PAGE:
International Joint Commission  [Printer-friendly version]
October 5, 2005


[Rachel's introduction: These official guidelines for the review of
the Great Lakes Water Quality Agreement show that precaution is on
the agenda for discussion. Outspoken citizens can strengthen it.]

[RPR introduction: Here are the "principles" that the International
Joint Commission (IJC) recommends as a guide to the U.S. and Canada
when they review the Great Lakes Water Quality Agreement in 2006.

We have heard that the IJC and the governments of Canada and the U.S.
are particularly seeking testimony on the importance of human health
in carrying out the Great Lakes Water Quality Agreement. We hope
citizens will speak out loud and clear at the 14 public meetings
being held this month and next. (See previous story in this issue of
Rachel's Precaution Reporter). --RPR Editors]

The Parties [to the 1909 Boundary Waters Treaty, the U.S. and Canada]
are responsible for the overall review of the Great Lakes Water
Quality Agreement.

In the process of conducting the review, the International Joint
Commission recommends that the Parties adhere to the following
principles. It is recognized that "the Parties shall conduct a
comprehensive review of the operation and effectiveness of the
Agreement" (Article X.4). Consequently, for discussion purposes, the
principles were organized around "operation and effectiveness" and

I. Operation and Effectiveness

The process of conducting the review should be:

** Open and Transparent

To the extent practicable, deliberations related to the review should
be open and part of the public record.

** Inclusive

Solicit a full range of views and perspective throughout the [Great
Lakes] Basin through a variety of means (meetings, workshops,
websites, etc.). Engage a wide spectrum of groups and individuals,
including those who are not normally part of Agreement activities and
discussions. Is the Agreement meeting the needs of the people of the
Great Lakes basin?

** Ensure that the Review is Timely

Capitalize on the opportunity of wide-spread community support for a
review, the renewal of the Great Lakes Program in Canada and the
proposals for a Restoration Program in the U.S.

Timely onset of the review is as important as a reasonable time frame
for completing the review. It should be sufficiently long to obtain
necessary information and viewpoints, but sufficiently short to
minimize "burnout." A time period of 18-months is suggested.

** All Aspects of the Review Must be Binational

Workgroups or teams should normally have an equal number of members
from both countries. Consultations should allow equal opportunities
for the citizens of both countries to voice their opinions.

** Impartial

The review should be impartial and avoid conflict of interest.
Recognizing that all players in the Basin have a vested interest in
maintaining certain roles and responsibilities, care should be taken
to avoid having organizations alone review their own work.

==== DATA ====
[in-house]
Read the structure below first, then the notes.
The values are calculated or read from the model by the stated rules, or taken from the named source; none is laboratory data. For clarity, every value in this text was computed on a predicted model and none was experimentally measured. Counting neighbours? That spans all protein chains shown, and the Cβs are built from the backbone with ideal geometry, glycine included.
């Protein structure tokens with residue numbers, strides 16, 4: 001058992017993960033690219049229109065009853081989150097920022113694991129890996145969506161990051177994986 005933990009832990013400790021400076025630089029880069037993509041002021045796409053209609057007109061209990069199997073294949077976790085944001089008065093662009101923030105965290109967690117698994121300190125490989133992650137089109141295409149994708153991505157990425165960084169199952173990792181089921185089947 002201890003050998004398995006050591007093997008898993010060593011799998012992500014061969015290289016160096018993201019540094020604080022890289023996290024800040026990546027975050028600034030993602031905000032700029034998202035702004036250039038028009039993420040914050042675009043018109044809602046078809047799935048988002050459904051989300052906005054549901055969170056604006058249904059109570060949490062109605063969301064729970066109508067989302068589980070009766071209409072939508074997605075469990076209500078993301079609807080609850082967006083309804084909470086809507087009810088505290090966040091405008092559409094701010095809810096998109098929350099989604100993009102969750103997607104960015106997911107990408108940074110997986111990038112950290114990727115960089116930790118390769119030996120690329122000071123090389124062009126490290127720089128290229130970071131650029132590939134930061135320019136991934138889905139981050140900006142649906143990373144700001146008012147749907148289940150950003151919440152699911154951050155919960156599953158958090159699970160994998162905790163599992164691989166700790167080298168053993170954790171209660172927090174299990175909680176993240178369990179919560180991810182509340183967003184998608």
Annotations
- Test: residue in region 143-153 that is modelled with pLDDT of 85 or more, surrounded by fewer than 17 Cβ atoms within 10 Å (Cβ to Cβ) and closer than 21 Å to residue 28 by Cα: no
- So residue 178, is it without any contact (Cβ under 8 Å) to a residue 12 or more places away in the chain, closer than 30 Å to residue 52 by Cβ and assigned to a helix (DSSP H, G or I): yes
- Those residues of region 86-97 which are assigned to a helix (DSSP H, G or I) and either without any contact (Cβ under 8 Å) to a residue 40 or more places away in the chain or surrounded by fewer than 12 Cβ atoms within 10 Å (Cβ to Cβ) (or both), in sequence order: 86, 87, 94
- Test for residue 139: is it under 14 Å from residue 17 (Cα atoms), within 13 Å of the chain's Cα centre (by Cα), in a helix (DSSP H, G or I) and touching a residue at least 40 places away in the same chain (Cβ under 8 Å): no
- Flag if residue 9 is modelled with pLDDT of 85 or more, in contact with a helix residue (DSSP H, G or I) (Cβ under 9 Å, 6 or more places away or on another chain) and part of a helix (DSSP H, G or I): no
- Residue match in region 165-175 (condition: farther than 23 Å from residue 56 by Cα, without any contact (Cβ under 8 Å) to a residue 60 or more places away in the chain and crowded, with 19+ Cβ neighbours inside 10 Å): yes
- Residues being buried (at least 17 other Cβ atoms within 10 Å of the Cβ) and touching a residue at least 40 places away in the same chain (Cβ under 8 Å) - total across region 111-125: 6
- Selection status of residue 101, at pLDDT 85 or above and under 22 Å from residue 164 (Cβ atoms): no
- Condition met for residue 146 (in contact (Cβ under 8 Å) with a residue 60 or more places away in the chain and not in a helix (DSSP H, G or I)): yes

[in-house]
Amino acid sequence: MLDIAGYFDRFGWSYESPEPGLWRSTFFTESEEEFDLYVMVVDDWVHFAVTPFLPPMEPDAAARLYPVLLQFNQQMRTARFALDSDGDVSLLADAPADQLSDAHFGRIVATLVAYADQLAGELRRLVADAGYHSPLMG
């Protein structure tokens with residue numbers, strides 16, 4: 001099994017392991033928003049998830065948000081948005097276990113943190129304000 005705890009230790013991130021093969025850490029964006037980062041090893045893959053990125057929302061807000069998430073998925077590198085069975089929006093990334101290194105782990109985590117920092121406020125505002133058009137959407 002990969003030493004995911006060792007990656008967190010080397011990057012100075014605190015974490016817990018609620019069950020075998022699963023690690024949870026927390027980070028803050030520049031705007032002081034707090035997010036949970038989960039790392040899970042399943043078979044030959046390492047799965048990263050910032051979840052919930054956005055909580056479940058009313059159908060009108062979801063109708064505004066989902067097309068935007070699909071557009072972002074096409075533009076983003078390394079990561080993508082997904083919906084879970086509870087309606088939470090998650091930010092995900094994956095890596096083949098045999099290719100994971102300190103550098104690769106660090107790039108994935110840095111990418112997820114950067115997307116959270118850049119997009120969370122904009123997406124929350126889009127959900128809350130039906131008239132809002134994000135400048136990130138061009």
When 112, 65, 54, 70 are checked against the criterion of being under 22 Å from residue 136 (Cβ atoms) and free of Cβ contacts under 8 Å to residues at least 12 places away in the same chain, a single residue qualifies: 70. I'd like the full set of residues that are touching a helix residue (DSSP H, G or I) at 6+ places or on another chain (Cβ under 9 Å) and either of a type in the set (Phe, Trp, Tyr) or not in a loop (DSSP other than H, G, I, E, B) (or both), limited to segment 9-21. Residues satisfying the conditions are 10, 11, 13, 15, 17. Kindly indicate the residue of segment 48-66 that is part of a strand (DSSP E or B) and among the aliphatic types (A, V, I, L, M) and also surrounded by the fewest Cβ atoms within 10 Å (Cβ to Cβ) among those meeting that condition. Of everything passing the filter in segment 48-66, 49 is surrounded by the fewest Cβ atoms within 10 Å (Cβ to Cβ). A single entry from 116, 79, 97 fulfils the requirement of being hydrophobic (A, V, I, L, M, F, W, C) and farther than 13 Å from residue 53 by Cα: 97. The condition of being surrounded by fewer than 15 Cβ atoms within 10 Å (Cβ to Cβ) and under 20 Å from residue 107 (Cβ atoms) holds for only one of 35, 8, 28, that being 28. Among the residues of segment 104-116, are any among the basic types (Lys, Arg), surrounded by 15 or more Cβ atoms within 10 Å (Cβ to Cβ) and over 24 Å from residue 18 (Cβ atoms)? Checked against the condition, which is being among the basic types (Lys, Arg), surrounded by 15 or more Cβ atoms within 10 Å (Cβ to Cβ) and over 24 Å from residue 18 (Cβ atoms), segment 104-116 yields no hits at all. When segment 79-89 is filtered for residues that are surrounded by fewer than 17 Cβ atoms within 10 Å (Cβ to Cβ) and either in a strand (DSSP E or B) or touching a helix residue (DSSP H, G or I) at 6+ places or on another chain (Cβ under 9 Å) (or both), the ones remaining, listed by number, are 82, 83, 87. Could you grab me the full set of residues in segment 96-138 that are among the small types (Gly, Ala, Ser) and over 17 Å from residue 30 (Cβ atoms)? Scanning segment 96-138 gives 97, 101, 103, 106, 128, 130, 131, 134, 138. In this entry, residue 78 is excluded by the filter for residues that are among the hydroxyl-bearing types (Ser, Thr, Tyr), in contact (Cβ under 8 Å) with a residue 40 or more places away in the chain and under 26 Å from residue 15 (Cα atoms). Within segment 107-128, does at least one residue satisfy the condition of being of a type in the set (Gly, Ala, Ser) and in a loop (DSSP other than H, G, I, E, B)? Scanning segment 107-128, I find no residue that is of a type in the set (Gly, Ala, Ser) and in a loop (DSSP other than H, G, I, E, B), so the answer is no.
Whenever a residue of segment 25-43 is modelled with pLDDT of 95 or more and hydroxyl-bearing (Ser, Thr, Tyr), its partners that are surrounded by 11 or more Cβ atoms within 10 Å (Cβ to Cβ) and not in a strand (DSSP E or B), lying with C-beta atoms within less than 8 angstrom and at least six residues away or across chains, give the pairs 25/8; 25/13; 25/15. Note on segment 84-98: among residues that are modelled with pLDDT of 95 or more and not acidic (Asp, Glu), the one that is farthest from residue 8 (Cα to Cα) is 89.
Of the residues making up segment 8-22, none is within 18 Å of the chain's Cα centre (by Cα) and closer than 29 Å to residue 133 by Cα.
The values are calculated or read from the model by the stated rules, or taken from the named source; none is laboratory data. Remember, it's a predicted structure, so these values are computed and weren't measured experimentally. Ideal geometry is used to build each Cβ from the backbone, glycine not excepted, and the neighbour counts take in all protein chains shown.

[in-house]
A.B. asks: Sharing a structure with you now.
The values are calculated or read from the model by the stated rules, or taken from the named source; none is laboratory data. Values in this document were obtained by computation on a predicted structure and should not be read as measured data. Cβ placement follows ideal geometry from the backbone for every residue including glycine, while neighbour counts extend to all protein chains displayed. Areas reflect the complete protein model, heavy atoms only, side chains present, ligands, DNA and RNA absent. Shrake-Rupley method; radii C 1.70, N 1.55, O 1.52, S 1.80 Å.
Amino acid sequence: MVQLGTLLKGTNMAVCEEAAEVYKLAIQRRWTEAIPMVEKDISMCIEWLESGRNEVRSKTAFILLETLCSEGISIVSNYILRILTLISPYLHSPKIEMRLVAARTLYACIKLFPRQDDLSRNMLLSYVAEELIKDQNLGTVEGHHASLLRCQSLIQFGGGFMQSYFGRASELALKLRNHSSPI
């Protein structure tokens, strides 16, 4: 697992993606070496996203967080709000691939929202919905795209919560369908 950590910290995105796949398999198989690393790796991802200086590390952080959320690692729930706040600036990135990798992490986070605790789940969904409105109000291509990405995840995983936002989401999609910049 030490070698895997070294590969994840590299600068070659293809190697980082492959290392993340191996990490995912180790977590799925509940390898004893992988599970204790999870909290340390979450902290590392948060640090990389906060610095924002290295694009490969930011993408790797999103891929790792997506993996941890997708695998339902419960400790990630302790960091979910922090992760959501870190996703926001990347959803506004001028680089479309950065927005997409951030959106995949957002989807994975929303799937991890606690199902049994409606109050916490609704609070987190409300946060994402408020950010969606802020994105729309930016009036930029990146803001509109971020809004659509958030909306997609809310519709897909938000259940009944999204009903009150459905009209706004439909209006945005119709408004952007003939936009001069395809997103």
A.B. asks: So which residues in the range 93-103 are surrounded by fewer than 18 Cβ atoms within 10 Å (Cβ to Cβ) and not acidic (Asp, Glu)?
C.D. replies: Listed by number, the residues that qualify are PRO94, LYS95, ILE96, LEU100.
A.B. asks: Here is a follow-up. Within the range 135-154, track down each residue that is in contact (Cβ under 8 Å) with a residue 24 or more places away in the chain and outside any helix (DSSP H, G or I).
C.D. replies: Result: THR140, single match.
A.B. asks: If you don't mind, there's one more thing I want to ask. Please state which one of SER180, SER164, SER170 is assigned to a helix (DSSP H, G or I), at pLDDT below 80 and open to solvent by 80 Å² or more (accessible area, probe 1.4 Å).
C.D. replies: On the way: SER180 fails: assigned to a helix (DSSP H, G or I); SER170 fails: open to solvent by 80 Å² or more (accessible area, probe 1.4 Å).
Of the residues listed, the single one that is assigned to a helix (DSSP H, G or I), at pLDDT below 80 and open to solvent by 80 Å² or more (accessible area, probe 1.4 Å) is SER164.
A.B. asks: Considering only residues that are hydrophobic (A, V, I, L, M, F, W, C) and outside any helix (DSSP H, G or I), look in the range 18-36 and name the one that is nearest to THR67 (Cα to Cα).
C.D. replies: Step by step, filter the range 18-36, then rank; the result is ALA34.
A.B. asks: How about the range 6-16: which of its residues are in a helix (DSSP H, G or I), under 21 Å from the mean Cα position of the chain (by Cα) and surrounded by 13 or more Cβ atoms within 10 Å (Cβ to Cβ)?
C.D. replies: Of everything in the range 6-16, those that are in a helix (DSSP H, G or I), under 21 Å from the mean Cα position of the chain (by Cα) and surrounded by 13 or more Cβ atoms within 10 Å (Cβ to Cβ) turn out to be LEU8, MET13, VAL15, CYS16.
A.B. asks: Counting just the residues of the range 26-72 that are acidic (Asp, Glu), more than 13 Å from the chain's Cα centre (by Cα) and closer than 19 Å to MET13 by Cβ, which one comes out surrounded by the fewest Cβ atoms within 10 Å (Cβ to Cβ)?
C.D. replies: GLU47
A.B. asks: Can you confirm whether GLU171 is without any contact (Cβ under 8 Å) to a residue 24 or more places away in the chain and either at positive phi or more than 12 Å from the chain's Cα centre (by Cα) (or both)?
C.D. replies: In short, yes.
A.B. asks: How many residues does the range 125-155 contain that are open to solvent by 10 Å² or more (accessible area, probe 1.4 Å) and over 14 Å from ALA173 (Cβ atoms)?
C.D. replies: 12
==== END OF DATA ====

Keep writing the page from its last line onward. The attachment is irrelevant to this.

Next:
II. Comprehensive

The process of reviewing the Agreement comprehensively will address,
by necessity, substantive issues within the Agreement. Principles for
guiding a comprehensive review should:

** Consider the Purpose of the Agreement First

In order for the review process to be most efficient, the purpose of
the Agreement should be confirmed before taking a more in-depth look
at the articles and annexes of the Agreement.

** Use Science and Science-Policy Linkages as the Basis for the Review

The review should be guided by the scientific evidence regarding what
action is needed to restore and maintain the chemical, physical and
biological integrity of the waters of the Great Lakes Basin Ecosystem.

In line with the Commission's Guiding Principles, the concept of
sustainable development, the ecosystem approach, virtual elimination
and zero discharge of persistent toxic substances should be affirmed.

Moreover, while the importance of a sound scientific basis for
conclusions and recommendations should be emphasized, it may sometimes
be necessary to adopt a precautionary approach and to act even in the
absence of a scientific consensus where prudence is essential to
protect the public welfare.

** Be Forward-Looking

Consider the relevance of existing articles and annexes, as well as
any new issues for possible additions that are aligned with the
Agreement purpose. The goals, objectives, and endpoints in the
Agreement should serve as drivers for action.

** Consider Governance

Consider governance roles, responsibilities, and relationships for
those implementing the Agreement, including the Parties' interactions
with First Nations, Tribes, States, Provinces, municipal and regional
governments, and non-governmental organizations, in order to maximize
a sense of ownership throughout the Great Lakes community. Consider
the roles and effectiveness of organizations created under, or
implementing, the Agreement (e.g., the IJC together with its Great
Lakes Regional Office, the Water Quality Board, the Science Advisory
Board, and the Binational Executive Committee.) Clarify, as necessary,
how the Agreement relates to other basin organizations, such as the
Commission on Economic Cooperation (CEC), Great Lakes Fishery
Commission (GLFC), Great Lakes Commission (GLC), and Council of Great
Lakes Governors (CGLG).

** Consider Accountability

Each element in the Agreement being reviewed should consider how
accountability to the public can be enhanced for Agreement
implementation by the Parties, states and provinces, as well as by
cooperating stakeholders in the Great Lakes basin.